### ARC372 History of Architecture II

#### [2–0, 2 cr.]

This course traces the developments in architecture from Neo-Classicism in the 18th and 19th centuries to the full development of modern architecture in the 20th century, by examining the seminal projects and buildings that characterized these developments and their subsequent transformations in Post-Modernism, deconstructionism, and later trends.

Prerequisite: ARC371 History of Architecture I

### ARC373 History of Landscape Design

#### [2–0, 2 cr.]

This course is an overview of the historical developments of landscape design with a survey of the ideas, principles and practical considerations behind the major landscape design cases under study, from the classical to the modern period.

### ARC375 Introduction to Islamic Art (650 -1650)

#### [3–0, 3 cr.]

This course is an introduction to the arts of the Muslim world from the rise of Islam until the advent of the early modern period. This course comprises a selective survey of artifacts drawn from a variety of media that represent the pinnacles of artistic accomplishment across the vast expanse of the Islamic world. Paintings, textiles, coins, ceramics, metal work, jewelry, and woodcarving will be investigated in the context of cultural history and examined in terms of their evolving forms, multiple meanings, and the development of a distinctively Islamic aesthetic. Particular emphasis will be placed on the spiritual content of Islamic art, the role of the artist in Islamic society, and the effect of religious pronouncements on the production of art.

### ARC375H Introduction to Islamic Art (650 -1650)

#### [3–0, 3 cr.]

This course is an introduction to the arts of the Muslim world from the rise of Islam until the advent of the early modern period. This course comprises a selective survey of artifacts drawn from a variety of media that represent the pinnacles of artistic accomplishment across the vast expanse of the Islamic world. Paintings, textiles, coins, ceramics, metal work, jewelry, and woodcarving will be investigated in the context of cultural history and examined in terms of their evolving forms, multiple meanings, and the development of a distinctively Islamic aesthetic. Particular emphasis will be placed on the spiritual content of Islamic art, the role of the artist in Islamic society, and the effect of religious pronouncements on the production of art.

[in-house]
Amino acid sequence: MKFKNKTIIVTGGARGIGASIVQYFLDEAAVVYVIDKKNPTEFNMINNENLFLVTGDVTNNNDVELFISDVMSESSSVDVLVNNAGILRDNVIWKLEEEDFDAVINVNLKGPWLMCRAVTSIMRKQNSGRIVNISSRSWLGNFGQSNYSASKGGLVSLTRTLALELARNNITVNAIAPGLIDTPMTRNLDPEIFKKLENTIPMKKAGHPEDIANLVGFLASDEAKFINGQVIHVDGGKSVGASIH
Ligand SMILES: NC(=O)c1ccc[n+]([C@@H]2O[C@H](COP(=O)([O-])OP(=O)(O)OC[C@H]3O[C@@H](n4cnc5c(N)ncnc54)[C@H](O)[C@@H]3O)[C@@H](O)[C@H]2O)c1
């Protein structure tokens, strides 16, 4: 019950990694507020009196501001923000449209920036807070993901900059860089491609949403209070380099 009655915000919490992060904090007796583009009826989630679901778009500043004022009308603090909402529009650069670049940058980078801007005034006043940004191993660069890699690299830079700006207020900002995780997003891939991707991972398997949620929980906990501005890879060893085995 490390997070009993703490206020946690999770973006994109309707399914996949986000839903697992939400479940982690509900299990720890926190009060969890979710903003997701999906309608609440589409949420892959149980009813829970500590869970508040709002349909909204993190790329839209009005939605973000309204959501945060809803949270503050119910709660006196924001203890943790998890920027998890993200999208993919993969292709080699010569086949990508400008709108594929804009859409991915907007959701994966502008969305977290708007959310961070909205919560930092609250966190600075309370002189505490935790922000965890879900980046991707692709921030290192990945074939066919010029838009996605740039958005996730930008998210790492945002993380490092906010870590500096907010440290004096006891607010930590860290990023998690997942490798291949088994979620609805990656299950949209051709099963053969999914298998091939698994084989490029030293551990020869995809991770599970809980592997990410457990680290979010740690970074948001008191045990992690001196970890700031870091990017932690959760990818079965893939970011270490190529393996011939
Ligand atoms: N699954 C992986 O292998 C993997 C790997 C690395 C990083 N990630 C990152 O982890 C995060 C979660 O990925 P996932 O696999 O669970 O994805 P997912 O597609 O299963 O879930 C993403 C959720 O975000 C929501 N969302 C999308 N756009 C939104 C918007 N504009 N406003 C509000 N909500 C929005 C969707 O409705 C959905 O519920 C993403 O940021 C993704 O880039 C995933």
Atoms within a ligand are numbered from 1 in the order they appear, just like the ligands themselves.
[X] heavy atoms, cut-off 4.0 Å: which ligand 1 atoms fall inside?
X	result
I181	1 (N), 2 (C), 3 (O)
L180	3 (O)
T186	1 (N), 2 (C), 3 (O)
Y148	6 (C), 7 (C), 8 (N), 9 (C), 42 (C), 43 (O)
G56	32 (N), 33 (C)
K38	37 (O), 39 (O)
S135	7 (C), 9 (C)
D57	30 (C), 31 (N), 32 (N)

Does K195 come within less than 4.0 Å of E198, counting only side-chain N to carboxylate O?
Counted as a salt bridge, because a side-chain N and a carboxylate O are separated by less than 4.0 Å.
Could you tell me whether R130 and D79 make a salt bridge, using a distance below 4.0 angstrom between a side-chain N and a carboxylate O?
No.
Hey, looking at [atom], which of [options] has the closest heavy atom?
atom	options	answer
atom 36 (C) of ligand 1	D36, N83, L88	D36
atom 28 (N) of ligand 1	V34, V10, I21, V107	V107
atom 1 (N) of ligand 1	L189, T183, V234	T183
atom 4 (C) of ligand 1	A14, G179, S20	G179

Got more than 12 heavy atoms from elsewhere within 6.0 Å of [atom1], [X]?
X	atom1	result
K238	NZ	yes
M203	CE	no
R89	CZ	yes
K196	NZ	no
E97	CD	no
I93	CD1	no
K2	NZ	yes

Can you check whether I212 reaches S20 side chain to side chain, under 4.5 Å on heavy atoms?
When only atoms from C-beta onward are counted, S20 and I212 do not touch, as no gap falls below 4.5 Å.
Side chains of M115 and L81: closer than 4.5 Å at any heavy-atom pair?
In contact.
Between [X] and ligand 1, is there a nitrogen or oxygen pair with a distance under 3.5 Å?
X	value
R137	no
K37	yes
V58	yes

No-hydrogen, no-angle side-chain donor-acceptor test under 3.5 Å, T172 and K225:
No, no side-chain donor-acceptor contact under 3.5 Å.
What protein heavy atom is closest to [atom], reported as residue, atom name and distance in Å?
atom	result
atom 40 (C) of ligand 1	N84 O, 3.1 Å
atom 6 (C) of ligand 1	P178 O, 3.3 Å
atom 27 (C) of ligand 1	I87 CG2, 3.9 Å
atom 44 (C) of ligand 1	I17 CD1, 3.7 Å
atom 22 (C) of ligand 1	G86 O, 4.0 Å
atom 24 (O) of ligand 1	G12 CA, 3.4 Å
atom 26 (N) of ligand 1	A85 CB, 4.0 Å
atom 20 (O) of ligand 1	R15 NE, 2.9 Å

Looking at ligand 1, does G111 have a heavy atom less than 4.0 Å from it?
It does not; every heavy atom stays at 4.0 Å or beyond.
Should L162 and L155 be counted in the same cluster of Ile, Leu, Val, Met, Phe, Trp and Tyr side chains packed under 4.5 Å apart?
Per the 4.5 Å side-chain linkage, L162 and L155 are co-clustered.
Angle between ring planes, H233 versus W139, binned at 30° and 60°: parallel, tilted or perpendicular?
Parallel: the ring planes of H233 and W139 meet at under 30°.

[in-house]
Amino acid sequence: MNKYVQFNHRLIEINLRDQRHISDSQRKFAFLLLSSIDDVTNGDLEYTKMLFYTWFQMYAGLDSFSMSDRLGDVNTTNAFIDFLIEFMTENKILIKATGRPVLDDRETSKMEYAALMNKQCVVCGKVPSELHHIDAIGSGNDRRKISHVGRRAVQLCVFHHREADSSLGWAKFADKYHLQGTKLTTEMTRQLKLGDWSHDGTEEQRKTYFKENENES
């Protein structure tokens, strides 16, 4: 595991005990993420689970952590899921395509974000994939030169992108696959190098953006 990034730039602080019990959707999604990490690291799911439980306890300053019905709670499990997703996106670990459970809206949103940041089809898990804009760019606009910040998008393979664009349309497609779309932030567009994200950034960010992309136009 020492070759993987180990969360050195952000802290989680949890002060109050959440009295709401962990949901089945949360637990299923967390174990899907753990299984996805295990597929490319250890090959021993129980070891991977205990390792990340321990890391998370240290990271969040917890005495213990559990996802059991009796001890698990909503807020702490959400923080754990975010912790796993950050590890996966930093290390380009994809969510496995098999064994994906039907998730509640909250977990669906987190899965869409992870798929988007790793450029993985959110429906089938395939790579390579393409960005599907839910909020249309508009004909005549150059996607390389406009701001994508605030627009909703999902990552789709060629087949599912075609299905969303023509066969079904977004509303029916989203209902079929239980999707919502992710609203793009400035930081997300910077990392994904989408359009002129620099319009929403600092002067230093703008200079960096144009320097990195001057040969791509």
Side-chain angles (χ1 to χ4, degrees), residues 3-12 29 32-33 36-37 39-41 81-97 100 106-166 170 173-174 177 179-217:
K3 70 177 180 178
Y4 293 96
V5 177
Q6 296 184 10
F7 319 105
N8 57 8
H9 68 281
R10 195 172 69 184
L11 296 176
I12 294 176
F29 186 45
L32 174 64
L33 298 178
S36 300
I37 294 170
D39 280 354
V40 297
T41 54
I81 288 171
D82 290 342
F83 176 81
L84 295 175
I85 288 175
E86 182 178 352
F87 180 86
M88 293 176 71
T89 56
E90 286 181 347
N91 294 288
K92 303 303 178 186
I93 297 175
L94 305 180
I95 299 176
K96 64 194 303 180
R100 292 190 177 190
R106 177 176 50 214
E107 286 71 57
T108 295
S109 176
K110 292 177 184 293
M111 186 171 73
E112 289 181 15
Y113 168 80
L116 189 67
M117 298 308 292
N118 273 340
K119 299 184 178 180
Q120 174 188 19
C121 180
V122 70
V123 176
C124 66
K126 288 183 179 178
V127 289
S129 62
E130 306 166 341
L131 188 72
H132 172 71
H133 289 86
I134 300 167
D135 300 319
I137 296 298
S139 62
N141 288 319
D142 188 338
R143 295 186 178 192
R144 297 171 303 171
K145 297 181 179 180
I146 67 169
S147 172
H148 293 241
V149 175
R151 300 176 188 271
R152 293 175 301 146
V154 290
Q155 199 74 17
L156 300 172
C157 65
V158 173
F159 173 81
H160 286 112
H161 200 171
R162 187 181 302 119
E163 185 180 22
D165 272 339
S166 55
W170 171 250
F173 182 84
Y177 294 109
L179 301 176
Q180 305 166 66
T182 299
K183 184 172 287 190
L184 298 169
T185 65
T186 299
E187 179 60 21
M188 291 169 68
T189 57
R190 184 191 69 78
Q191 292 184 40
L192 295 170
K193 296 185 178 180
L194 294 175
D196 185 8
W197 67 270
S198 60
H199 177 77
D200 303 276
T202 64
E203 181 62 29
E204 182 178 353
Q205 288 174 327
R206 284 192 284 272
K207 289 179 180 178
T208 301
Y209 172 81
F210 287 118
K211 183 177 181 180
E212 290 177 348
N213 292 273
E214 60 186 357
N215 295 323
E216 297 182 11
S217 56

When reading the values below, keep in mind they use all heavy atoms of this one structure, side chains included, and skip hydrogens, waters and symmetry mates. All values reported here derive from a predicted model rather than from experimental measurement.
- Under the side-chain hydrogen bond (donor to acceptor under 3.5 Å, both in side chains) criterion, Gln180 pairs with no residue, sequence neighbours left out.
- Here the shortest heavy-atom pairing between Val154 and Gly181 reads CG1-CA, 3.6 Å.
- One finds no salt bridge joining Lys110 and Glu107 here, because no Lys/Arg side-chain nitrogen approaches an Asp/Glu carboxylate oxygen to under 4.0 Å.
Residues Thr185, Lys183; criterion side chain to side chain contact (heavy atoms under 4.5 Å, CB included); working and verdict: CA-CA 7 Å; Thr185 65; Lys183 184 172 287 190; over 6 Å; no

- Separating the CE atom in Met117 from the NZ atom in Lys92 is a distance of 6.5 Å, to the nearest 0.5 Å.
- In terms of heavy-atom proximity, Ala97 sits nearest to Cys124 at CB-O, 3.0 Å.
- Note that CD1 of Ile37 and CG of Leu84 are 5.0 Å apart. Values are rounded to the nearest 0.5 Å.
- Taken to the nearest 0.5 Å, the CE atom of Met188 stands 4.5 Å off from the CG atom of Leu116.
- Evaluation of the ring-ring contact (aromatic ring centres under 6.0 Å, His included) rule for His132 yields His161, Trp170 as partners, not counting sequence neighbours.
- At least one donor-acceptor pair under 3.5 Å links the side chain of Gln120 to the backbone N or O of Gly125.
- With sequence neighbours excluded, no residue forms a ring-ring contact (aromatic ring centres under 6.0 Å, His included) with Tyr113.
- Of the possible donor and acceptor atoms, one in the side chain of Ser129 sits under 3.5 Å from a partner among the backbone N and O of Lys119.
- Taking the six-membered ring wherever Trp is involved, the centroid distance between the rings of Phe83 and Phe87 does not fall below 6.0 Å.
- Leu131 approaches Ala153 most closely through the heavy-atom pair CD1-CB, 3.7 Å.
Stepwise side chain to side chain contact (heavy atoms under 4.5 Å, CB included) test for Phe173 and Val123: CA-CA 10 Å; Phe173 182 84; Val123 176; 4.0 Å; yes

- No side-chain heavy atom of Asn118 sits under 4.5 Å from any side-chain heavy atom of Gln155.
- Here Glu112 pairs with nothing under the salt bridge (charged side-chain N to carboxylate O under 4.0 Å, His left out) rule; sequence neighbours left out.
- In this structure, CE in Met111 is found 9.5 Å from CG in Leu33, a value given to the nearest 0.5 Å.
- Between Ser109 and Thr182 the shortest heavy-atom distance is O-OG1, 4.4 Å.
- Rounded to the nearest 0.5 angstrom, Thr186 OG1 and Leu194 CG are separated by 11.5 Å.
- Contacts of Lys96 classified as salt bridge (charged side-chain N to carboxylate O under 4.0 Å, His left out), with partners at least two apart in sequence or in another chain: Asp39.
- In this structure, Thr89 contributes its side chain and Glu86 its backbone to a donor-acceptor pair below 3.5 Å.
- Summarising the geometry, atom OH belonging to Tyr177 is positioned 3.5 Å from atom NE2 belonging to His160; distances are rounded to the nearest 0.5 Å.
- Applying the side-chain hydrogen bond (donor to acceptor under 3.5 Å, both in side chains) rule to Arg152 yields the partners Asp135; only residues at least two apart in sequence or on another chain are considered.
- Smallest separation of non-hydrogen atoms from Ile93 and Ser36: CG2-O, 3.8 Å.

### ARC376 Introduction to Islamic Architecture (650 - 1650)

#### [3–0, 3 cr.]

This course is a survey of the architectural heritage of the Islamic world from the early caliphate to the era of the Muslim superpowers of the pre-modern times. It traces the most significant and influential edifices of the Muslim world from Spain in the west to India in the east. Monuments are studied and analyzed in their political, religious, socio- economic, cultural, and aesthetic contexts. The course also examines the evolution of such varied building types as mosques, madrasas, mausoleums, caravanserays, and palaces. Selected structures is studied through a range of methodologies and the development of Islamic architecture is analyzed from the standpoint of the manipulation of space, materials, and building technology.